War, death, sex, drugs, and rock & roll. It seems these days that the media, ever busy trying to rack up the most ratings possible through fear-mongering, shocking, or otherwise ‘edgy’ journalism, if it can be called that, is busily spewing out a stream of information that I cannot help but find paint a depressing view of the world. Certainly, war in Syria, Iranian and North Korean saber rattling, and nuclear ambitions, global terrorism, corruption, scandals, climate change, the dangers of sugar, salt, and everything in between warrant interest.
Indeed, ignorance of theses issues can lead us to make profoundly mistaken decisions about any number of things on the global stage or in our daily lives. However, the continuous drone and emphasis on the bad news tends to dampen its impact over time, desensitizing us to the information’s importance. It also leads the media to try to find yet another more dramatic, even more extreme story with which to catch our saturated attention. This will inevitably lead to a downwards tailspin of doom where the human mind will no longer be able to comprehend anything because we will be so desensitized to all the horror which reportedly occurs under our very noses every nanosecond. Eventually, I don’t think the news that a black hole forming on Broadway would get people to blink. It is New York after all.
This leads me to call for the media to change their tack once in a while. Take a hint from fine cuisine’s culinary playbook and use palate cleansers. They don’t need to be saccharine stories about kittens rolling balls of yarn, or inane stories of the latest winner of the local bingo tournament. Enough with worshiping people who rummage about in storage spaces, who make tons of money from fixing people’s houses, or who know nothing more than the gym, tanning, and laundry. There are plenty of people doing terrific work daily that bears mentioning. One such individual, whom I believe has done a fabulous job of connecting with the citizens of the world, is Commander Chris Hadfield on the International Space Station. The man is high up in orbit, and yet so down to Earth and personable that I think everyone would be happy to have him as a father/brother/uncle/friend. While he is busily zooming around the planet faster than a speeding bullet, he’s doing everything from cutting edge science, to making music, to giving us surfacelubbers a friendly tour of his blinged out space crib.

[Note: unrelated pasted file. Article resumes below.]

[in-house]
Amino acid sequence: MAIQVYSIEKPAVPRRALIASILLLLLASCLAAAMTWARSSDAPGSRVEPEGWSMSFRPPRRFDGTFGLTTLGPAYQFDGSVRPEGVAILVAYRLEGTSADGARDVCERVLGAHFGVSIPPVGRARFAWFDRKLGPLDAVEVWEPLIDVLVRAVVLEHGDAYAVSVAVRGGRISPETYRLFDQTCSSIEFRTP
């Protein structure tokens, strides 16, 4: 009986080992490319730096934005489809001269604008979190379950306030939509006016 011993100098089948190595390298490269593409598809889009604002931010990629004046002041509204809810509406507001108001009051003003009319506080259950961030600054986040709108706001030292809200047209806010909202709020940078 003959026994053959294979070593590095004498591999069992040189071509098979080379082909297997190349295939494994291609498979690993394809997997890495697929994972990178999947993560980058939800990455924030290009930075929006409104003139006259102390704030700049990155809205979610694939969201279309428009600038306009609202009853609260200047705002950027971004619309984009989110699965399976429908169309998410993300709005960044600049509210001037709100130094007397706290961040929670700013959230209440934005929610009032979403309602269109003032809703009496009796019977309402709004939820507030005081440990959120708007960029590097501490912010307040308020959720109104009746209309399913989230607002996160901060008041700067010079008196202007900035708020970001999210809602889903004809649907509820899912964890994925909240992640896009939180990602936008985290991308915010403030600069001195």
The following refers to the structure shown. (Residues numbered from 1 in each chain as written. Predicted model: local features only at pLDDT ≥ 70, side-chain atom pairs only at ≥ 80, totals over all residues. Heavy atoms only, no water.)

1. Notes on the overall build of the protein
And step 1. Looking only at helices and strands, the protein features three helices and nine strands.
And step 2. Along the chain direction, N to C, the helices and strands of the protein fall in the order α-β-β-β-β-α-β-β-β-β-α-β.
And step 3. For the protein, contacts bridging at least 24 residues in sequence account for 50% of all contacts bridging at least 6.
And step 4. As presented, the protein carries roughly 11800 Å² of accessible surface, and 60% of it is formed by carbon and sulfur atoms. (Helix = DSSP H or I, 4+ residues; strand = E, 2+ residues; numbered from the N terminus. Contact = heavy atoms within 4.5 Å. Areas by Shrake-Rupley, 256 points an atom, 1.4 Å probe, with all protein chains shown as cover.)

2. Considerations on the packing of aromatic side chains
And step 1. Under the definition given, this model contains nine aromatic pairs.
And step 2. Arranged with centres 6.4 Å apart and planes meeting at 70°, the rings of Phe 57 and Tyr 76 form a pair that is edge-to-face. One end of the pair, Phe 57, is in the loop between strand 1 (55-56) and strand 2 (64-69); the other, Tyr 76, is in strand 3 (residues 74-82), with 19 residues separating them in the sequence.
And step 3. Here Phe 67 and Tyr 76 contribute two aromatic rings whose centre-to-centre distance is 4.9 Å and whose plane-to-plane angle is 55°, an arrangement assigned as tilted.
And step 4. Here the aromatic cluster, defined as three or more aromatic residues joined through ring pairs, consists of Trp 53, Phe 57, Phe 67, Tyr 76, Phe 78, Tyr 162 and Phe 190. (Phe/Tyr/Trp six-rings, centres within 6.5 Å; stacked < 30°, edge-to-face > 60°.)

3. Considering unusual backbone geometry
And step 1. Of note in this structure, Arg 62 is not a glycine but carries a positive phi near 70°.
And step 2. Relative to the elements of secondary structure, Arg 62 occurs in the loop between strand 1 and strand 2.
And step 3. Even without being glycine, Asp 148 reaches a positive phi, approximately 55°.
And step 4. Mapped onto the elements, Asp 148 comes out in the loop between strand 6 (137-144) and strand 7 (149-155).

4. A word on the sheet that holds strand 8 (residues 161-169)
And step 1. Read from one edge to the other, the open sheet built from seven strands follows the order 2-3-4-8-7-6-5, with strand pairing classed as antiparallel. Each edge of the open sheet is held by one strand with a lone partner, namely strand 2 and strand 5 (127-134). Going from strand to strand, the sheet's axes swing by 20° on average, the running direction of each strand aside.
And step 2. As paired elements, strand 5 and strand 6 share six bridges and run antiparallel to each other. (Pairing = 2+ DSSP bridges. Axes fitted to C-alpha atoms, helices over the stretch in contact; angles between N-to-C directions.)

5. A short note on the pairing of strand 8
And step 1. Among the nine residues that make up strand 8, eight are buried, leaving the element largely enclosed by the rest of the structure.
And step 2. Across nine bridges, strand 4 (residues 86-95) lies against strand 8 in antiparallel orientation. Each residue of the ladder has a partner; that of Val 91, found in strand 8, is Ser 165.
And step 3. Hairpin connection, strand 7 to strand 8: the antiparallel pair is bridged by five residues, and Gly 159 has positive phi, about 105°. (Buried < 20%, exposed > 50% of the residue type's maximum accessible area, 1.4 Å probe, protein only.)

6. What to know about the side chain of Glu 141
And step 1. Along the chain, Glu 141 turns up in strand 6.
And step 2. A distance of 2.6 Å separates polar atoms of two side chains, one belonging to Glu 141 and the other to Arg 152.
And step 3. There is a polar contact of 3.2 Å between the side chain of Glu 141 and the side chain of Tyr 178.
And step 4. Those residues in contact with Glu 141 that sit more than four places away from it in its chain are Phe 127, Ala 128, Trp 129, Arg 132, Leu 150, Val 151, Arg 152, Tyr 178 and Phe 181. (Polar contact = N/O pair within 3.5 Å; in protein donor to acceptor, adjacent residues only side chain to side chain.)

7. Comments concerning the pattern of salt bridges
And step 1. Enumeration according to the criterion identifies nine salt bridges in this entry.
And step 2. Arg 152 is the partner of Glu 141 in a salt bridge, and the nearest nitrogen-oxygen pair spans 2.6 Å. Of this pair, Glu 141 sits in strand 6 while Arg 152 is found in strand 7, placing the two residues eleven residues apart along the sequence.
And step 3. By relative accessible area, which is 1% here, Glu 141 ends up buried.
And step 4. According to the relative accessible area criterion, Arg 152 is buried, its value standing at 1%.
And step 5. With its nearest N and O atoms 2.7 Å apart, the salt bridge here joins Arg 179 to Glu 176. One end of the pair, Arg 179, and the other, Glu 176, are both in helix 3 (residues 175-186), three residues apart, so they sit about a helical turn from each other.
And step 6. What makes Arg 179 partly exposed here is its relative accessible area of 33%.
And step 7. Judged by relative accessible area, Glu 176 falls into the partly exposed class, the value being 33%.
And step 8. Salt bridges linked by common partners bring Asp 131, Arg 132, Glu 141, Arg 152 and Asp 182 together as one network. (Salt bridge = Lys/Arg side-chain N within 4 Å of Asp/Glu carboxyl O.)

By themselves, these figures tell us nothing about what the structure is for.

For those of you who have no idea of who Chris Hadfield is or what the ISS is, here’s a recent news article that can help out: National Post: Queen, prime minister congratulate Chris Hadfield as he becomes first Canadian in command of space station
This makes me feel that the world can be a better place. This makes me feel that there must be others like him who live their lives to make a positive change on not just their own lives but those of countless others around them, many of whom they will never meet. Why don’t we spend more time getting some news about people like him? Some scientist is doing great work on the cure for cancer? Could be worth talking to her? Another one is about to crack the mystery of high temperature superconducting? Let’s go see what he has to say. Find teachers that have made a huge difference in their students’ lives, or talk to aid workers with the World Food Programme in Kyrgyzstan. You know, switch things up a little bit. That way, when you media types have something really scary to say and that we should really be paying attention to you, we won’t be hearing you cry wolf instead.
Meanwhile, I hope the likes of Commander Hadfield help inspire a new generation to take up the cause of making this little blue sphere in the sky a better place, and I hope the media makes a habit of keeping touch with him.